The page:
The rules incompassing Action Points is to mitagate the constant use of powerful feats such as Whirlwind Attack and Great Cleave from being 'spammed'. By definition, a Feat is suppose to be something of unusual or especially incredible ability. Further, if warriors can consistently use their feats in stacked combinations without limit, why bother with a spellcaster other than for flavor? To balance this issue, we have placed a rule to govern the use of the combat abilities that, for all intents and purposes, are the melee class's version of spells.
First is the matter of calculating your appropriate amount of Action Points. This is done rather simply. At 1st Level, you look to your Primay Physical stat. This will be the highest score between Strength, Dexterity, and Constitution. This is to reflect your character's combat style as generally the score you placed highest will be your character's emphasis in battle. In the event that more than one stat is the same, pick the one you feel you are more likely to add points to or that better reflects your mental image of the character's focus. [For example, a character focused in throwing weapons would require both a good Strength score for damage and a good Dexterity score for to-hit. In this instance, you are likely to have similar stats in both scores. In this instance however, your character is focusing on ranged combat so Dexterity is the proper choice.] Once this is established, you take that attributes base modifier plus 1 to figure your character's starting Action Point pool. [In following the previous example, say your characters Dexterity score is 16. This gives you a base modifier of +3. So at Level 1 your character's Action Point pool would be 3+1=4]. As you level up, your character will continue to gain more action points every level. Each time you level up your character will gain a number of Action Points equal to your base modifier. [The same character from before would then calculate his Level 1 point total of 4 and add his chosen base modifier again at level 2. 4+3=7]
If you should increase your chosen modifier, the points you have already accumulated are not adjusted - they are not retroactive like changes to Hit Points due to increased Constitution. Further, do not calulate bonuses to your modifiers from items when calculating your Action Points.
How Much do Feats Cost to Use?
Firstly, not all Feats cost Action Points to use. In fact, a great many of them cost absolutely nothing as they are completely passive-related bonuses. For example, take the Feat Weapon Focus. Your character has spent the required time training with and using this weapon already to gain this bonus. The nature of this bonus is that it gives you a static +1 to your To-Hit with that weapon. When asking yourself if a Feat should cost Action Points, the basic question to ask yourself is, "Does this ability require me to conciously make an action for it work or is it somthing my character knows or has innately?" Another good example for comparasion would be Combat Reflexes. This ability refers to the fact that your character is either naturally or from intense action/training very quick to respond to threats in combat. Therefore, as it gives you a static effect, Combat Reflexes is considered a Passive effect. A basic example of an activated ability would be Power Attack. Your character is conciously making the effort to put more force into their attack making it cost Action Points. Some other examples of Passive Feats would be Great Fortitude, Weapon Specialization, Improved Trip, Wind Stance, and Spring Attack. Some other examples of Feats with cost would be Whirlwind Attack, Acrane Strike, Combat Expertise, Strangler, and In Harm's Way.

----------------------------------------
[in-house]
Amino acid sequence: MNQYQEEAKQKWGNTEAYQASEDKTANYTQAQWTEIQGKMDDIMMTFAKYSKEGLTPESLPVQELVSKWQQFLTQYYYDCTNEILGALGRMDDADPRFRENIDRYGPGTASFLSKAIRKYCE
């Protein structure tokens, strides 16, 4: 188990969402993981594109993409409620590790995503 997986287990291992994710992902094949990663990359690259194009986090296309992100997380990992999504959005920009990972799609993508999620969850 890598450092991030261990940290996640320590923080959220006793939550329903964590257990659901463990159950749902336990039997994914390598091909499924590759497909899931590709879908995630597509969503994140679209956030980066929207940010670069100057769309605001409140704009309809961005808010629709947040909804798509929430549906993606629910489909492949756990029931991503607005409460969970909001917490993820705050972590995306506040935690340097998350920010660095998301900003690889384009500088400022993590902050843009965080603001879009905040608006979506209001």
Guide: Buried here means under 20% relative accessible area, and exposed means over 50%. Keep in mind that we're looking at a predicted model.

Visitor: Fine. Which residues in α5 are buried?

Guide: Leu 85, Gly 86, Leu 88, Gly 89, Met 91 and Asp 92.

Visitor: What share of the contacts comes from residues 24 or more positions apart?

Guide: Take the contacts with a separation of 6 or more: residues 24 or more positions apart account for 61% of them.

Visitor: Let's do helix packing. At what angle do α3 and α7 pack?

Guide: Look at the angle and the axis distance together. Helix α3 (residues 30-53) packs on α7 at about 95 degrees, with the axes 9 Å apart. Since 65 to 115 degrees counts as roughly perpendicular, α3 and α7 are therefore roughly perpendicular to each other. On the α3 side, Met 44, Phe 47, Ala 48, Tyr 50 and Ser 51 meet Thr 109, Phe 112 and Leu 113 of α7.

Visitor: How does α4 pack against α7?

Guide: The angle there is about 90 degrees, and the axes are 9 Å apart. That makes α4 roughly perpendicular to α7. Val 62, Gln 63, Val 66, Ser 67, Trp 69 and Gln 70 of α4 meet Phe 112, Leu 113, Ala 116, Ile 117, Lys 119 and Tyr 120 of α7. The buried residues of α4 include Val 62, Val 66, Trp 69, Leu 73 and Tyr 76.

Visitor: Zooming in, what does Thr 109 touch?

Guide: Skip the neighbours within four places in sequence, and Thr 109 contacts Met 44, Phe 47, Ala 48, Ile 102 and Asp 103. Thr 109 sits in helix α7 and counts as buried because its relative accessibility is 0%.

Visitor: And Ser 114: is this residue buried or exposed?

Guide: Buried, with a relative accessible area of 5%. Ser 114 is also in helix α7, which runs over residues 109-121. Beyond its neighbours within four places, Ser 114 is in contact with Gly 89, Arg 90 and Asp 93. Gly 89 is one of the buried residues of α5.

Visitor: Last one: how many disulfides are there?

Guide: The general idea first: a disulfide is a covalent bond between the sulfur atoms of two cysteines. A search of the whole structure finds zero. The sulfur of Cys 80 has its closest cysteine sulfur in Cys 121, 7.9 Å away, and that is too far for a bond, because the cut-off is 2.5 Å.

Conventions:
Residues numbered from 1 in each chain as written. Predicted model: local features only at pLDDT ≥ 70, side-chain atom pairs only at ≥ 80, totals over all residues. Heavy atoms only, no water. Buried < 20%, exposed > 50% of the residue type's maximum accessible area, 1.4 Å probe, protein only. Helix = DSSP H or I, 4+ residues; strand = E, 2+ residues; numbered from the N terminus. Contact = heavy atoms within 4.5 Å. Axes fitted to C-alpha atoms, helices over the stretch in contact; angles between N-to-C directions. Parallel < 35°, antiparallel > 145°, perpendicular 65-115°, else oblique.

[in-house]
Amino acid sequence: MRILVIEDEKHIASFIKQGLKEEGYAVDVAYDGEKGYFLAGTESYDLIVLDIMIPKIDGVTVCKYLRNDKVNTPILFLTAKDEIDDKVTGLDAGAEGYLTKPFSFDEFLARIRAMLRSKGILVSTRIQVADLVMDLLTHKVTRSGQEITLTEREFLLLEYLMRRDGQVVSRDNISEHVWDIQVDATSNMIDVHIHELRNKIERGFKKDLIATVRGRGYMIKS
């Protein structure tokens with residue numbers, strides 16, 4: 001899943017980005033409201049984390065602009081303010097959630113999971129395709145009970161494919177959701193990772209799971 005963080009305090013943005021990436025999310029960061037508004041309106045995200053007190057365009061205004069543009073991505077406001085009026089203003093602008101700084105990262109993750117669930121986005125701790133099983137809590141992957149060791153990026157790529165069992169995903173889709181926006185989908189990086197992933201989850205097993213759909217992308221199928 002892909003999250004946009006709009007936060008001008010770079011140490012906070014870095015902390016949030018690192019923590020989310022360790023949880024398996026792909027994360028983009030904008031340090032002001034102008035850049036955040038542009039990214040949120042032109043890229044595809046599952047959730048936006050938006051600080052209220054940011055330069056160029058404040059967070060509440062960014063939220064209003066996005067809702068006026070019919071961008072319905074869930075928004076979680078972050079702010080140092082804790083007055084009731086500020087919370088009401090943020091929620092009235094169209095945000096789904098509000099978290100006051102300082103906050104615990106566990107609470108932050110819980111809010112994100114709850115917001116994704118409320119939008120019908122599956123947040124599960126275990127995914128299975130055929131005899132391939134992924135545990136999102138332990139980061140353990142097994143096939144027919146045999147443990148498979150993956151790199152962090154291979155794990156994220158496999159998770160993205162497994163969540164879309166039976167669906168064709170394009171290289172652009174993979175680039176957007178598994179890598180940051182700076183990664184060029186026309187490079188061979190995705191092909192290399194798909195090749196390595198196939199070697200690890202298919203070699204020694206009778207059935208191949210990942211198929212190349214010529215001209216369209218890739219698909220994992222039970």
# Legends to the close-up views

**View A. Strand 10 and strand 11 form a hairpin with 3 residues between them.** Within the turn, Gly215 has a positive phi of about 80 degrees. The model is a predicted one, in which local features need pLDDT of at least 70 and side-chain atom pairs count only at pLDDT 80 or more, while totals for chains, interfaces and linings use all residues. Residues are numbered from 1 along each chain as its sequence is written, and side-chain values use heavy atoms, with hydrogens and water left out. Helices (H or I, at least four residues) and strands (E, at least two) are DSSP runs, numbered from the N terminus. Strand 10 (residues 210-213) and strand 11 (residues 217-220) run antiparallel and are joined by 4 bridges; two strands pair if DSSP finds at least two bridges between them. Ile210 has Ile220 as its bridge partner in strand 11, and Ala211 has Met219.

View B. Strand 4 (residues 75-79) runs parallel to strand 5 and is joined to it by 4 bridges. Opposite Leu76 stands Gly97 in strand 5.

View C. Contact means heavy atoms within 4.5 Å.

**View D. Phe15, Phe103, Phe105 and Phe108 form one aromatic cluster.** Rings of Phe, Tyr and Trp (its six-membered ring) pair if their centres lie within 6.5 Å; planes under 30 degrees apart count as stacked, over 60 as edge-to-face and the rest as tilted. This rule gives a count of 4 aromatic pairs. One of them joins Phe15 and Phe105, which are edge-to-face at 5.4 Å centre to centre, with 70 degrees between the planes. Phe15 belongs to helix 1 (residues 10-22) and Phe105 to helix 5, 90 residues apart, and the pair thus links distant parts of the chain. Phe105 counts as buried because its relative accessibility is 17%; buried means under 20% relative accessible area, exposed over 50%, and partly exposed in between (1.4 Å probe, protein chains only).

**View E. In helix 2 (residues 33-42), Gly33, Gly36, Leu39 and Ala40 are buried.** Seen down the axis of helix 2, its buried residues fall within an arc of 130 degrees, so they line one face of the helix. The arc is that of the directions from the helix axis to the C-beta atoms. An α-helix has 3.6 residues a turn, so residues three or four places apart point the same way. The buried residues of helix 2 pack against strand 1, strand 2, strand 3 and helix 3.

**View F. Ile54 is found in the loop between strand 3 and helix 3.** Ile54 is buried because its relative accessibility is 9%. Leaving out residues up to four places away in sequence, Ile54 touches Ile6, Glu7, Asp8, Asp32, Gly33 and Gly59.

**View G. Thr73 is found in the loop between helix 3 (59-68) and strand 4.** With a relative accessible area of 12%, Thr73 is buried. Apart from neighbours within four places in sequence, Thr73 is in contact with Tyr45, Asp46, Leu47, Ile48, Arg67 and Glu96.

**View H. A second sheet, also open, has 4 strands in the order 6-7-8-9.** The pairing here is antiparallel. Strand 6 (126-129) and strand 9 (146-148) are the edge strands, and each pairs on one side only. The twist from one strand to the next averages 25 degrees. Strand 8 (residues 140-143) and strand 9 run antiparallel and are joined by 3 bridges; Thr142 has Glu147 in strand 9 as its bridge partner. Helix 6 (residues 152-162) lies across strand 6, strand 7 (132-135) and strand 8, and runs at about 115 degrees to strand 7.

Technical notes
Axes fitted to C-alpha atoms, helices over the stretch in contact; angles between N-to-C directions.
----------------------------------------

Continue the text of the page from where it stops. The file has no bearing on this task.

Feats have varying costs for usage based on their 'ranking'. The base cost for using a Feat that requires 'activation' is always 1 point. In essences, the 'ranking' of the Feat is based on the number of Required Feats to use it. Once this is established, you will then know the cost to use that Feat. For example, say your character has the ability to use Great Cleave. In order to have Great Cleave, you must first already have Power Attack and Cleave. Since the base cost for any given Feat is 1 and Great Cleave requires you to have 2 other Feats, the cost to activate Great Cleave is 2+1=3. A Player must declare the choice to use a Feat prior to its activation and then spend the points necessary to use it. Even if the player misses the attack, they lose the Action Points [just like a spell]. Also, you must spend the necessary points each time you choose to use the Feat. However, you only need to spend the points once a given turn. So if you activate Power Attack on your turn, the effect remains on each attack made that turn until the following turn when it would need to be activated again.
You MAY use multiple Feats in a turn, however you must pay points for each one used individually. As an example, a player may decide to use Power Attack and Great Cleave in the same turn. The player first spends the points for the lowest Feat used [in this case Power Attack with a cost of 1 as it has no pre-requisite Feats] and then on up the scale which in this case was Great Cleave [which has a cost of 3]. Therefore, your total expended points would be 4 for that turn.